Lodha soon realised there was a market for the wares that extended beyond her inner circle. While she says she never sought out retailers, her first wholesale partner was MatchesFashion, whose co-founder, Ruth Chapman, was introduced to Saloni at Hotel Lotti in Paris in 2011. “There were five or six pieces and we bought them all,” says MatchesFashion co-founder Tom Chapman. “Saloni was one of the first brands to create easy resort pieces that appealed to women’s desire to create a holiday wardrobe that that was cross functional and worked in the city or for events.” Today, she boasts 140 points of sale across the US — including Saks Fifth Avenue, Nordstrom and Bergdorf Goodman — and 60 others around the world, like Le Bon Marché in Paris and Beymen in Turkey. (About 68 percent of revenue comes from the US, 16 percent from the UK and 16 percent from the rest of the world.)
“She is her customer,” Tom Chapman adds to explain the label’s growing appeal. “A confident international traveller who is not a slave to trends but wants to wear product that is effortless and makes you feel great.”
Many of Lodha's business decisions have been driven by the instinct to make pieces she herself would wear. However, that instinct is a practical one. The clothes are accessible, with many dresses clocking in below $500. And while upstart brands often roll out new categories at a clip in order to accelerate growth, she has stuck almost exclusively to dresses in familiar silhouettes, some of which were introduced at launch. (Including the Alexia, a tiered maxi-skirt shirt dress that typically retails for under $600, depending on the make.) Today, 85 percent of the business is dresses. “If you love a shape, you might have 10 of them in different colours in your wardrobe,” she says. “As the collections have grown, the company has grown.”
I didn’t necessarily want to be on the fashion week schedule. We’re a brand that sells beautiful dresses all year around.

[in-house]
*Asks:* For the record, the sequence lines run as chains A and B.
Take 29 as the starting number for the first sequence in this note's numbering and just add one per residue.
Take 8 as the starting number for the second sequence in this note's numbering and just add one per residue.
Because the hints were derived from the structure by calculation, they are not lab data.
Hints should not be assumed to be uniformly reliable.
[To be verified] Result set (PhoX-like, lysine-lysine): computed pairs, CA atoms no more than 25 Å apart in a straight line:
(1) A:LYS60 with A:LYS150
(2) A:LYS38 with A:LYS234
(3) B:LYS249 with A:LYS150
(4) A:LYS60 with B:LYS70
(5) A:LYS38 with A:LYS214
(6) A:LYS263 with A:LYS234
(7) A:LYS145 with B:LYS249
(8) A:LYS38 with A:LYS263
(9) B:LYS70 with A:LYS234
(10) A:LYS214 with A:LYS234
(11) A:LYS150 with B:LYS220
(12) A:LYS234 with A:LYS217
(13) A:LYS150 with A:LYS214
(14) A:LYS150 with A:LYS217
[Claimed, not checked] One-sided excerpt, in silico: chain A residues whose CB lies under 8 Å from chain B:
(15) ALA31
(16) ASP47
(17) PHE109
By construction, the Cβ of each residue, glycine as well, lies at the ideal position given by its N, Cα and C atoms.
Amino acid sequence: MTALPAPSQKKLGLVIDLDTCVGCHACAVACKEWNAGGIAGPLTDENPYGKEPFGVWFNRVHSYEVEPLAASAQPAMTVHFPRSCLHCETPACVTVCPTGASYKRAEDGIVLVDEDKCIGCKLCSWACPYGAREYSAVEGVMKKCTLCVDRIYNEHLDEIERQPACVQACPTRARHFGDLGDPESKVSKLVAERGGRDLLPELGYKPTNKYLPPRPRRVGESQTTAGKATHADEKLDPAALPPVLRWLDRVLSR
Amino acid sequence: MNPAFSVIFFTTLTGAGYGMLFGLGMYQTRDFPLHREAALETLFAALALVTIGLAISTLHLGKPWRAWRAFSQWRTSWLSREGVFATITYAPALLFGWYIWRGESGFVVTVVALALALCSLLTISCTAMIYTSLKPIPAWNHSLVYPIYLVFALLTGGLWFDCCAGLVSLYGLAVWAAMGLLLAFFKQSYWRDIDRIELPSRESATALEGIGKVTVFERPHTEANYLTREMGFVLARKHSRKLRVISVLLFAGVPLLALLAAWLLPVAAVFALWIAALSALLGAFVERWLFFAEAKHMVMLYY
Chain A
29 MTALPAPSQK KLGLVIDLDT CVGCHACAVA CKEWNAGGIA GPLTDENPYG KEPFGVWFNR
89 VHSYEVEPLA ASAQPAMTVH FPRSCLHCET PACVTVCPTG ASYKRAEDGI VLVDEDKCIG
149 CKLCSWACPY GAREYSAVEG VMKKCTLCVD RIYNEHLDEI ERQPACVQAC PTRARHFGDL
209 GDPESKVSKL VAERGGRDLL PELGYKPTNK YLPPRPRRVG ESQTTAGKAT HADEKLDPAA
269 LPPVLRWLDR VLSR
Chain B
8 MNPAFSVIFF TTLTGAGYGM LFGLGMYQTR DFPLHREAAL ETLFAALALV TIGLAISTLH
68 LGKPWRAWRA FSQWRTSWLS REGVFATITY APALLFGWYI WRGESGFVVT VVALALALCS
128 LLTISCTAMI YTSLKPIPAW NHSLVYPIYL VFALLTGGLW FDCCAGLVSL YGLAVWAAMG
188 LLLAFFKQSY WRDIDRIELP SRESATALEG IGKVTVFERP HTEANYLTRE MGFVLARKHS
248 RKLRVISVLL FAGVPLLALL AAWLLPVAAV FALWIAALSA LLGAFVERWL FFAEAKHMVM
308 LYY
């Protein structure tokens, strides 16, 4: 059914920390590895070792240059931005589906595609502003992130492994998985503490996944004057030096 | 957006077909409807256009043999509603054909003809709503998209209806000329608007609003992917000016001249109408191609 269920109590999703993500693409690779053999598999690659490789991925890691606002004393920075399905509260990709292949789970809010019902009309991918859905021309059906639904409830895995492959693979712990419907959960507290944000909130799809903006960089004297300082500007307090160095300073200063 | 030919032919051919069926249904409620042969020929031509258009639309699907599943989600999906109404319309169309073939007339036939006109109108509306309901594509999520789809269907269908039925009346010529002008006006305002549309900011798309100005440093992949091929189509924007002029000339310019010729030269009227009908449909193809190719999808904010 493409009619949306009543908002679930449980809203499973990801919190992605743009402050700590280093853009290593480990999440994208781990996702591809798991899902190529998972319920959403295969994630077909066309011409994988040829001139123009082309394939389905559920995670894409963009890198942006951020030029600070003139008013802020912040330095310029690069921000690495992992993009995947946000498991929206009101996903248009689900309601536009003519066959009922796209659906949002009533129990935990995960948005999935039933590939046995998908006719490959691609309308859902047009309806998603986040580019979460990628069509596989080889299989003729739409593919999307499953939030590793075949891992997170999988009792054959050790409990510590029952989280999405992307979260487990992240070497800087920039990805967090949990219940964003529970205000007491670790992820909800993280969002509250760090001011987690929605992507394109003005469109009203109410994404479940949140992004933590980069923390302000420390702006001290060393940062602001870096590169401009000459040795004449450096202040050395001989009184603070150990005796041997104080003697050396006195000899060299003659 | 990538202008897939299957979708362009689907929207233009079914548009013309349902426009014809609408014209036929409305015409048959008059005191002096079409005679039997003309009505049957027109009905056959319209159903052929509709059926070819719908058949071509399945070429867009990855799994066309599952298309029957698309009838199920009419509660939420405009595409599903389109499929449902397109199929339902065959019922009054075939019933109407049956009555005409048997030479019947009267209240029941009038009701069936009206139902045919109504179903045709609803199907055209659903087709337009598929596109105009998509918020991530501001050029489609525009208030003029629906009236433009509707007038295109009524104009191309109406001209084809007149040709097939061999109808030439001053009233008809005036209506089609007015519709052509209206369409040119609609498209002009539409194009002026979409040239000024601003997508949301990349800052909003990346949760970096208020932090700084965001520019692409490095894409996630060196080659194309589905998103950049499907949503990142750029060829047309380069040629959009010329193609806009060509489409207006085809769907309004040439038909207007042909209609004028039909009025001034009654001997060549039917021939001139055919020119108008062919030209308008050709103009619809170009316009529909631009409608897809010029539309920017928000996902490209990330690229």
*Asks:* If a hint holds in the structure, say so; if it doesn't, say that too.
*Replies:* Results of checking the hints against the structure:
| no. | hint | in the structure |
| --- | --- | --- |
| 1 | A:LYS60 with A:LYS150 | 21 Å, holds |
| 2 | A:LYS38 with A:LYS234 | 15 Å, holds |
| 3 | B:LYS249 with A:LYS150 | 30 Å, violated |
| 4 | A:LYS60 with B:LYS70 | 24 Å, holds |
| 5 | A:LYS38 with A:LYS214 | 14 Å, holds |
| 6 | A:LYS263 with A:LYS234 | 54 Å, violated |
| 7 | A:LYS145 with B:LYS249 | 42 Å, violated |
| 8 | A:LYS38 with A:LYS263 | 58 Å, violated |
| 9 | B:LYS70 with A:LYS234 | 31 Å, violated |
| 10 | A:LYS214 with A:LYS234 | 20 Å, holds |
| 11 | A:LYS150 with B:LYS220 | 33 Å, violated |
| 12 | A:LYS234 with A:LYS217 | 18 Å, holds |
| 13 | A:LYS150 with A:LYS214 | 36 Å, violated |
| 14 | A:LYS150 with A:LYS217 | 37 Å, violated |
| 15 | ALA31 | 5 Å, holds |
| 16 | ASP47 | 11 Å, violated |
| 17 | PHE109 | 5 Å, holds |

She has also spent little time playing the traditional fashion game. Rather, her impressive network has served as a catalyst for opportunities to dress everyone from Michelle Obama to Jennifer Aniston. “I wanted to do it my own way,” she says. “I didn’t necessarily want to be on the fashion week schedule. We’re a brand that sells beautiful dresses all year around.”
Instead, Lodha has dipped in and out of Fashion Week, choosing to set up offices in both London and Hong Kong, where she currently spends half of the year. (Her husband’s work has taken the family from Hong Kong to Mumbai to London to Seoul and back.) “I run my company on Google Drive,” says the mother of two.
Lodha may still operate on her own schedule, but she is downright serious about her next stage of growth. In 2016, Saloni’s parent company took its first outside investment with the aim to finally develop other categories — perhaps homewares, a passion for the designer (who comes from a country where the best form of entertaining often happens at home), and also knitwear — and drive sales to underpenetrated regions, such as Eastern Europe, Russia and the Middle East. (One way she plans on doing that is by investing in her own e-commerce platform.) She will also introduce a capsule collection designed in collaboration with her friend — and Holi Saloni attendee — Niarchos.
More than anything, though, she plans to keep staging interactive experiences in the same vein as Holi Saloni. In fact, retail partners are already dreaming up ways to bring Holi Saloni to their own doors. “I might pitch a tent at Saks,” she says. “Or maybe I can do a Holi Saloni pop-up next year in Los Angeles or New York. Creating ideas and concepts is joyous — and on brand — for me.”
Editor's Note: A previous version of this article stated that MatchesFashion co-founder Ruth Chapman first viewed the Saloni collection at London Fashion Week. This is incorrect. The collection was first viewed in Paris.